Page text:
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USING THE COLLECTIONS
|Professional Photographers from the Post-Daguerreotype Era
Portrait photography was a staple of many photographers who earned a living with their cameras in the post-daguerreotype era. The corpus of their work invites exploration of the manner in which photographers' clients, who were largely of the middle class, and the photographer collaborated to convey idealized versions of their physical features and their lifestyles. Examining the output of a single photographer affords researchers evidence with which to investigate the role the camera operator may have played in this transaction. Some examples of collections that suggest the varied approaches of professional photographers of the late nineteenth and twentieth centuries are given below.
Levin C. Handy (1855?-1932) was apprenticed at the age of twelve to his uncle, famed Civil War photographer Mathew B. Brady (1823?-1896). Handy became an independent photographer and over the years owned studios in Washington, D.C., in partnership with Samuel Chester and with Chester and Brady. The Brady-Handy Collection consists of approximately 10,000 negatives from Handy's studio, which absorbed some of his uncle's earlier studio photographs. The majority of the Brady-Handy negatives are of Civil War and post-Civil War portraits, with a small collection of Washington views. Antebellum actresses, many in costume, are well represented in the collection, as are wives and daughters of men prominent in the Washington social scene and in the conduct of the Civil War. (Most of the Library's Civil War photographs, including those made under Brady's direction, are found in the Civil War Photographs Collection.)
Searching the Brady-Handy Collection
The Brady-Handy Collection can be searched in the Prints and Photographs Online Catalog, where it has its own listing. Digital images accompany the records. Retrieving online records and images depends primarily on words in the titles and notes found on the negatives or negative sleeves. Fruitful keywords when looking for portraits of women include the last name of the individual and terms such as “actress,” “mrs.,” “daughter,” and “lady.”
Charles Currier Collection
Photographs made by Boston-based photographer Charles Currier (500 photos, 1887-1910) provide a glimpse into the homes and recreations of upper-class families in that region (LOT 11337). Currier's interior views of clients' dwellings offer a detailed picture of the Victorian home and furnishings. His work also provides sparse but intriguing glimpses of women working in factories and an almshouse (whether the latter were residents or paid workers remains unclear from the very generally captioned images).
Searching the Currier Collection
All of Currier's photographs are housed in LOT 11337. Very few of the individual photographs, which were printed from original glass negatives held by the Prints and Photographs Division, have been digitized or cataloged online. Onsite researchers can submit a call slip to view the collection.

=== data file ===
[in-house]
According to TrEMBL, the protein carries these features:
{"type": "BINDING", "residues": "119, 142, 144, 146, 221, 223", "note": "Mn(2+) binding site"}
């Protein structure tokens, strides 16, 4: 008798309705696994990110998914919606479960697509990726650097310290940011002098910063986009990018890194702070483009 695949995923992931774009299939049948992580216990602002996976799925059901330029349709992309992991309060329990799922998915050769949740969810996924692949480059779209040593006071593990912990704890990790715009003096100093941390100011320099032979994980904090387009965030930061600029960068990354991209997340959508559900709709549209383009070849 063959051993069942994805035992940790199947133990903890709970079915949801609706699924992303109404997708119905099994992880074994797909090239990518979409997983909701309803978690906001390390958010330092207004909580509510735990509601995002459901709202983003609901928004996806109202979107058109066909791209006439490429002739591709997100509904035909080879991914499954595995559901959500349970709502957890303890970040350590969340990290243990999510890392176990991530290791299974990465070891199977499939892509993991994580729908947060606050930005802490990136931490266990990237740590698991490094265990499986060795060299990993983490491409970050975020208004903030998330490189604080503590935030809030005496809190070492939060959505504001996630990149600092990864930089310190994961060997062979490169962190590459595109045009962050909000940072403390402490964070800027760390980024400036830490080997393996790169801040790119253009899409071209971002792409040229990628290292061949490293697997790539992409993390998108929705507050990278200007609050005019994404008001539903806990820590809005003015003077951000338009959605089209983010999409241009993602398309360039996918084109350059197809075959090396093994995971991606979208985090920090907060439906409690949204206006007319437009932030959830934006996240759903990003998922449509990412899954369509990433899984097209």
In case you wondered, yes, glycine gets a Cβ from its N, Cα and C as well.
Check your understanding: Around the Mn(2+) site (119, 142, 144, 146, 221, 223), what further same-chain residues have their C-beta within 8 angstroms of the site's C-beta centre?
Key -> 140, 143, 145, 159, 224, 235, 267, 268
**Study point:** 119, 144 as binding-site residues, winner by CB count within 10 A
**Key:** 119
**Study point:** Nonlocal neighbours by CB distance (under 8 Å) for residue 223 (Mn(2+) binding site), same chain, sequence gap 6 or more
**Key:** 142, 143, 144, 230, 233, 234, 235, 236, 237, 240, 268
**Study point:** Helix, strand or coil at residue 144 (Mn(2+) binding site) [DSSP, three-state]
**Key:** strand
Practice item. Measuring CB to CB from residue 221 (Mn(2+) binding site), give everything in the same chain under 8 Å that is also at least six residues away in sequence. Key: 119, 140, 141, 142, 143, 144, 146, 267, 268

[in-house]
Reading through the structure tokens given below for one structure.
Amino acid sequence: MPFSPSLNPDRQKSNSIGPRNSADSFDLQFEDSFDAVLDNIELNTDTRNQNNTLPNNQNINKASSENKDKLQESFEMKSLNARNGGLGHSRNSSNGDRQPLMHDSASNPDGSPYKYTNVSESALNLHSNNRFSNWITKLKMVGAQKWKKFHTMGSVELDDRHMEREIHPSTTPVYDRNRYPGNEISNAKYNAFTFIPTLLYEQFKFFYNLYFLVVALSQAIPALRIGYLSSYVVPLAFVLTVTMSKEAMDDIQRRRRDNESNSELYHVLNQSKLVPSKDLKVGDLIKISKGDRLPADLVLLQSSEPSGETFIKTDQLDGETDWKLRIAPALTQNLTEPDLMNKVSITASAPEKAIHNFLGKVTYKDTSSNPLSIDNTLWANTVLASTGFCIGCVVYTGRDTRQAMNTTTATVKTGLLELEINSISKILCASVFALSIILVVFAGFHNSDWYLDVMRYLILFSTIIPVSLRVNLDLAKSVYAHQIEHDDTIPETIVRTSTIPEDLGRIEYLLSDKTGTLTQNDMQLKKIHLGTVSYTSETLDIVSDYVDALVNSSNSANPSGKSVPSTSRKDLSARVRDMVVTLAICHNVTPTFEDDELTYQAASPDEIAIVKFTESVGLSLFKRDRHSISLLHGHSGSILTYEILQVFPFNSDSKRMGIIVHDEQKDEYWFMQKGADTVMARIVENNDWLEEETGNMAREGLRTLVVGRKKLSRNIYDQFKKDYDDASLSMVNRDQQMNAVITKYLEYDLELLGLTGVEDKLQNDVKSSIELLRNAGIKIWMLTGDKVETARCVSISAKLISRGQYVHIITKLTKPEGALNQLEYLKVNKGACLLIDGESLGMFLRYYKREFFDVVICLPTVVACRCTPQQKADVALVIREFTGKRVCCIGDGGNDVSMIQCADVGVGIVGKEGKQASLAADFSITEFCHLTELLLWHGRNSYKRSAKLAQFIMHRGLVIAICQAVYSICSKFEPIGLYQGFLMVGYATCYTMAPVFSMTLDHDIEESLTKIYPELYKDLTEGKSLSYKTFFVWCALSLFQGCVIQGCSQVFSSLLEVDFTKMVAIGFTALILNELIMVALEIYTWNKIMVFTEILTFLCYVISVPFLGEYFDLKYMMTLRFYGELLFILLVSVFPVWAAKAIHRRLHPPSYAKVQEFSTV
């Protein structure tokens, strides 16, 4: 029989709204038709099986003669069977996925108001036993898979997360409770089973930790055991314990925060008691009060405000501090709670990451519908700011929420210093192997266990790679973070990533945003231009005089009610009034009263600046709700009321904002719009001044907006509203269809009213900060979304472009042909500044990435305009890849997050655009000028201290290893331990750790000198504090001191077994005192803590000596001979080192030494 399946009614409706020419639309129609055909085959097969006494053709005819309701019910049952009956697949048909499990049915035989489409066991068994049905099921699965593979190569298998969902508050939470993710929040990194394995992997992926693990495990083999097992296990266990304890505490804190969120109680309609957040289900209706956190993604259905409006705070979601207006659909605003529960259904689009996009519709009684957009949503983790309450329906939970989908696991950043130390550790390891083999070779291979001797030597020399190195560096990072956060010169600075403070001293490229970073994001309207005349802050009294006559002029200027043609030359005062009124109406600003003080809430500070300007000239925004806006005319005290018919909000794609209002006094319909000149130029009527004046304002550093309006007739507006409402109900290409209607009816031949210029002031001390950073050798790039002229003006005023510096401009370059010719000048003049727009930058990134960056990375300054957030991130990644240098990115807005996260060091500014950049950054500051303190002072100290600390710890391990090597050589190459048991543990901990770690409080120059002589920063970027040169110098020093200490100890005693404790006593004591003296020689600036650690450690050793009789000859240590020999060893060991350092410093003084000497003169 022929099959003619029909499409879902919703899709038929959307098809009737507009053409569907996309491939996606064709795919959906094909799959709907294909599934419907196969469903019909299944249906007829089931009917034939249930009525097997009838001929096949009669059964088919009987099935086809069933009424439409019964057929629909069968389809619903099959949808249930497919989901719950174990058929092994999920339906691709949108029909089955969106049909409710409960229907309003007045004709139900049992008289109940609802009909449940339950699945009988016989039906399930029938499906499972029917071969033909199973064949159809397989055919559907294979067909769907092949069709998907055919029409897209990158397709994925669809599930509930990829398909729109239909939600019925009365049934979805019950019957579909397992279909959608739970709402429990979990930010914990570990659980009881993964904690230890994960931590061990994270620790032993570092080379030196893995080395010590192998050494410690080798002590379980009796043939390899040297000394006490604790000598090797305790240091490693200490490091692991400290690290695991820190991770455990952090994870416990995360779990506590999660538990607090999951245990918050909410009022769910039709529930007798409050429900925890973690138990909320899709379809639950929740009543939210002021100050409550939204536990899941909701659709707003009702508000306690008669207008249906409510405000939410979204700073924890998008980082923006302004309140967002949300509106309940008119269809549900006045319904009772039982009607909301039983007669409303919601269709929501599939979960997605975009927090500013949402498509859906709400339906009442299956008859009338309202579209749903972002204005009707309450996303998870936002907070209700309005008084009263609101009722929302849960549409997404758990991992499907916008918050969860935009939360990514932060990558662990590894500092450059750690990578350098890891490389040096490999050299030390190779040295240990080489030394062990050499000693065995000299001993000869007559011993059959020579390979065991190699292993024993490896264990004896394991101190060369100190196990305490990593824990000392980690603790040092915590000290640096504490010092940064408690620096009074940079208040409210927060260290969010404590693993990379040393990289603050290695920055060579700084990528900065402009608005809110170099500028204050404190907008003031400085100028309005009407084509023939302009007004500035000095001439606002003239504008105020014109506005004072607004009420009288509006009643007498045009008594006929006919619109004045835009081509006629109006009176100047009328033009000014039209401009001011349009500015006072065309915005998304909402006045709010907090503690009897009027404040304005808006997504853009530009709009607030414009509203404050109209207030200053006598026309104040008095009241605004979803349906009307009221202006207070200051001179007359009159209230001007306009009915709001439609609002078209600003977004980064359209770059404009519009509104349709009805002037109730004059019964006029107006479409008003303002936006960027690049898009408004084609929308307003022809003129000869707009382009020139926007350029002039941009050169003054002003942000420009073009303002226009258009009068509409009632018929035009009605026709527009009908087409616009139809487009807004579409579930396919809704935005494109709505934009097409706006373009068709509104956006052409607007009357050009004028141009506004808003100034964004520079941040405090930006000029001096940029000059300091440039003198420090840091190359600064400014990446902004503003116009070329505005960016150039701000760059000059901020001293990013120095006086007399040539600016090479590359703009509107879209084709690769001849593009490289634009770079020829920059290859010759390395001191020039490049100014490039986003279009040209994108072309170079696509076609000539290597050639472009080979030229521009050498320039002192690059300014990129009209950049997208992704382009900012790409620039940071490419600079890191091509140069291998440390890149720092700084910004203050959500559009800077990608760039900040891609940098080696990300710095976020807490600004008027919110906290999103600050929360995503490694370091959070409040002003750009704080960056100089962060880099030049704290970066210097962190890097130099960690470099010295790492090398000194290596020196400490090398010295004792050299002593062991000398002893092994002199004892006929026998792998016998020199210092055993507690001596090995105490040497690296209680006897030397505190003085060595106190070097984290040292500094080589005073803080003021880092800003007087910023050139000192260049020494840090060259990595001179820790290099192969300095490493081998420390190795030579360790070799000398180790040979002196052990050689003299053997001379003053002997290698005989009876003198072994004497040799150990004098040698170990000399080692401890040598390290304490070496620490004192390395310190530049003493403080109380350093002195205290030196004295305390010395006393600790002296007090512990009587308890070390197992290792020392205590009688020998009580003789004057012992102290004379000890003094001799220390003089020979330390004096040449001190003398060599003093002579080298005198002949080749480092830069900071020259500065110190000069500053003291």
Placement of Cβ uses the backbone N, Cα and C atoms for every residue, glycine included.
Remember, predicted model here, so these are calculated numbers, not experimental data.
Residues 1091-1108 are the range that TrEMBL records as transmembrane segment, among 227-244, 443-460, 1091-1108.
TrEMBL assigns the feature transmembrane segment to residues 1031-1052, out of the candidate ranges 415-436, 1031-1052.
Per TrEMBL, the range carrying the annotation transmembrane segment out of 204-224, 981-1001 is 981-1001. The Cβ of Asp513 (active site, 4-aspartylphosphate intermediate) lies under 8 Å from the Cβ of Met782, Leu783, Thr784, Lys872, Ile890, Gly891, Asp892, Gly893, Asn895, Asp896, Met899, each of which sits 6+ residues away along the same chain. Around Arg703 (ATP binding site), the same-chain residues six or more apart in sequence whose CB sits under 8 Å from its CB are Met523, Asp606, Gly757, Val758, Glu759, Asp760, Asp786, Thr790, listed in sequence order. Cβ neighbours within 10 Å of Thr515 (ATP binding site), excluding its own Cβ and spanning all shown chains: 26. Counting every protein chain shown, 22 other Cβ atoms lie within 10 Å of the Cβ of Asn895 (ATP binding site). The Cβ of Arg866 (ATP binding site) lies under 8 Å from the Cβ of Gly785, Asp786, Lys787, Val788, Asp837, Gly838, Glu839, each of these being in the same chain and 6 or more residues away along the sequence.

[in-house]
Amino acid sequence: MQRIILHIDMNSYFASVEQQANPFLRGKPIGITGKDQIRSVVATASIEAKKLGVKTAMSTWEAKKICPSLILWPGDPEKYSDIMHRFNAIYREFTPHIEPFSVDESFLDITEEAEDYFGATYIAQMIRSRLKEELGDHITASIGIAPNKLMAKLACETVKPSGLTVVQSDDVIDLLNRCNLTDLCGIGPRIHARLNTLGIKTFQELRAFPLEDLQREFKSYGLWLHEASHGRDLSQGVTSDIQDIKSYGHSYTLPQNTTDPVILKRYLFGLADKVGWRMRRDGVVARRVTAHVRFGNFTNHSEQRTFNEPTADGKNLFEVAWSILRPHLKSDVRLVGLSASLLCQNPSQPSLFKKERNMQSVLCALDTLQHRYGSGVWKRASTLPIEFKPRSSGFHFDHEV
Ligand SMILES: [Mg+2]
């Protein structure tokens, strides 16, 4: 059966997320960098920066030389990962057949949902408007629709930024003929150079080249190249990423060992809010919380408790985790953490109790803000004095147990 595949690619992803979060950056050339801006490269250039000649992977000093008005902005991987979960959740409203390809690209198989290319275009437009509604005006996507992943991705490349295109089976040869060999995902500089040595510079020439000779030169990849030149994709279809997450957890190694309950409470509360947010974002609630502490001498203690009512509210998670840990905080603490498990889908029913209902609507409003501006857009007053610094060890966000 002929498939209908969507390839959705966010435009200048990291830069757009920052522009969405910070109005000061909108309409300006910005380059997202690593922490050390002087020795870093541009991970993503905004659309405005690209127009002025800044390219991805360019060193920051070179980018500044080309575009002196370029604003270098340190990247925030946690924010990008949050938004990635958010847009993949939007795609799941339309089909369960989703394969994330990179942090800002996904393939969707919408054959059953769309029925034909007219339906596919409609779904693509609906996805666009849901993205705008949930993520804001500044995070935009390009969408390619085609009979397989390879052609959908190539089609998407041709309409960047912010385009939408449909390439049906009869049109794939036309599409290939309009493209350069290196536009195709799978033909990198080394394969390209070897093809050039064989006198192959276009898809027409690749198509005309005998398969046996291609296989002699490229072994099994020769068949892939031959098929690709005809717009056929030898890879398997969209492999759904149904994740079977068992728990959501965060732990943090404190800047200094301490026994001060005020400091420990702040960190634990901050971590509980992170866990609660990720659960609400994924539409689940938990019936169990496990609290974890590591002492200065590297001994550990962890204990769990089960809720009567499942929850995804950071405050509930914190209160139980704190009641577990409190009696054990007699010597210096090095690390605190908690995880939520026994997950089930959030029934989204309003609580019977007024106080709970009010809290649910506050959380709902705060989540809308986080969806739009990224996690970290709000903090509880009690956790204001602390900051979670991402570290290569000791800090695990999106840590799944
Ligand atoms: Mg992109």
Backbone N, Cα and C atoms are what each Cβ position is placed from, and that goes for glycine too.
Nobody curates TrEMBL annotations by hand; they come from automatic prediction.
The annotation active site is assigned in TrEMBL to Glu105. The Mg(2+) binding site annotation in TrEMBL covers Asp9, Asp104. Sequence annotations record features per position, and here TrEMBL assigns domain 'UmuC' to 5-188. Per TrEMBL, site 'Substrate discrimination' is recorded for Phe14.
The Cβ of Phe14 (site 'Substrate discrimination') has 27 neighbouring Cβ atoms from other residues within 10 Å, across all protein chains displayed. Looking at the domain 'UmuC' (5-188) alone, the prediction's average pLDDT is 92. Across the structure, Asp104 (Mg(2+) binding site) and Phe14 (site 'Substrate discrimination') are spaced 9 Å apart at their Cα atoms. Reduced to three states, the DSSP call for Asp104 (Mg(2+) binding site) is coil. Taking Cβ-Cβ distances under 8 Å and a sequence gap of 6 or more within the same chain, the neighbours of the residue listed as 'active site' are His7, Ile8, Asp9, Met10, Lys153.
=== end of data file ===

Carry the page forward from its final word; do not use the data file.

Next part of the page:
Frances Benjamin Johnston Collection
Frances Benjamin Johnston's portraiture provides expansive coverage, particularly of Washington's elite set, much as her architectural and garden photography later did for the environments frequented by members of the upper class. One of Johnston's innovations, in fact, was to photograph individuals in the comfort of their homes, rather than in a strictly studio setting. (See full entry on Frances Benjamin Johnston.)
Arnold Genthe Collection
Arnold Genthe maintained active portrait studios, first in San Francisco and, after 1911, in New York. He captured the visages of socially prominent women in both cities. The Arnold Genthe Collection (16,800 photos, 1896-1942) features the products of his prolific studio portrait work, his depictions of dancers such as Isadora Duncan, as well as his well-known photographs of San Francisco's Chinatown (which features scattered images of Chinese women and girls) and the aftermath of the city's 1906 earthquake.
For further information see the “About the Collection” link in the Prints and Photographs Online Catalog. For rights information, see http://www.loc.gov/rr/print/res/073_gen.html.
Searching the Genthe Collection
Catalog records for Genthe's negatives and transparencies can be found in the Prints and Photographs Online Catalog where the collection has its own listing. Digitized images accompany the records.
The Division also holds some prints and albums of proofs by Genthe. Some of these have been grouped by subject matter and cataloged as LOTs. Onsite researchers can consult the Division Card Catalog and submit call slips to view this material.
Carl Van Vechten Collection
The Carl Van Vechten Collection includes studio portraits of people involved in the arts, including many associated with the Harlem Renaissance (1,300 photographs, 1927-64).
For further information, see the “About the Collection” link in the Prints and Photographs Online Catalog. For rights information, see http://www.loc.gov/rr/print/res/079_vanv.html
Searching the Van Vechten Collection
Catalog records for all Van Vechten's photographs can be found in the Prints and Photographs Online Catalog where the collection has its own listing. Digitized images accompany the records. The same materials are available in American Memory (see: Creative Americans: Portraits by Carl Van Vechten, 1932-1964).[Top]
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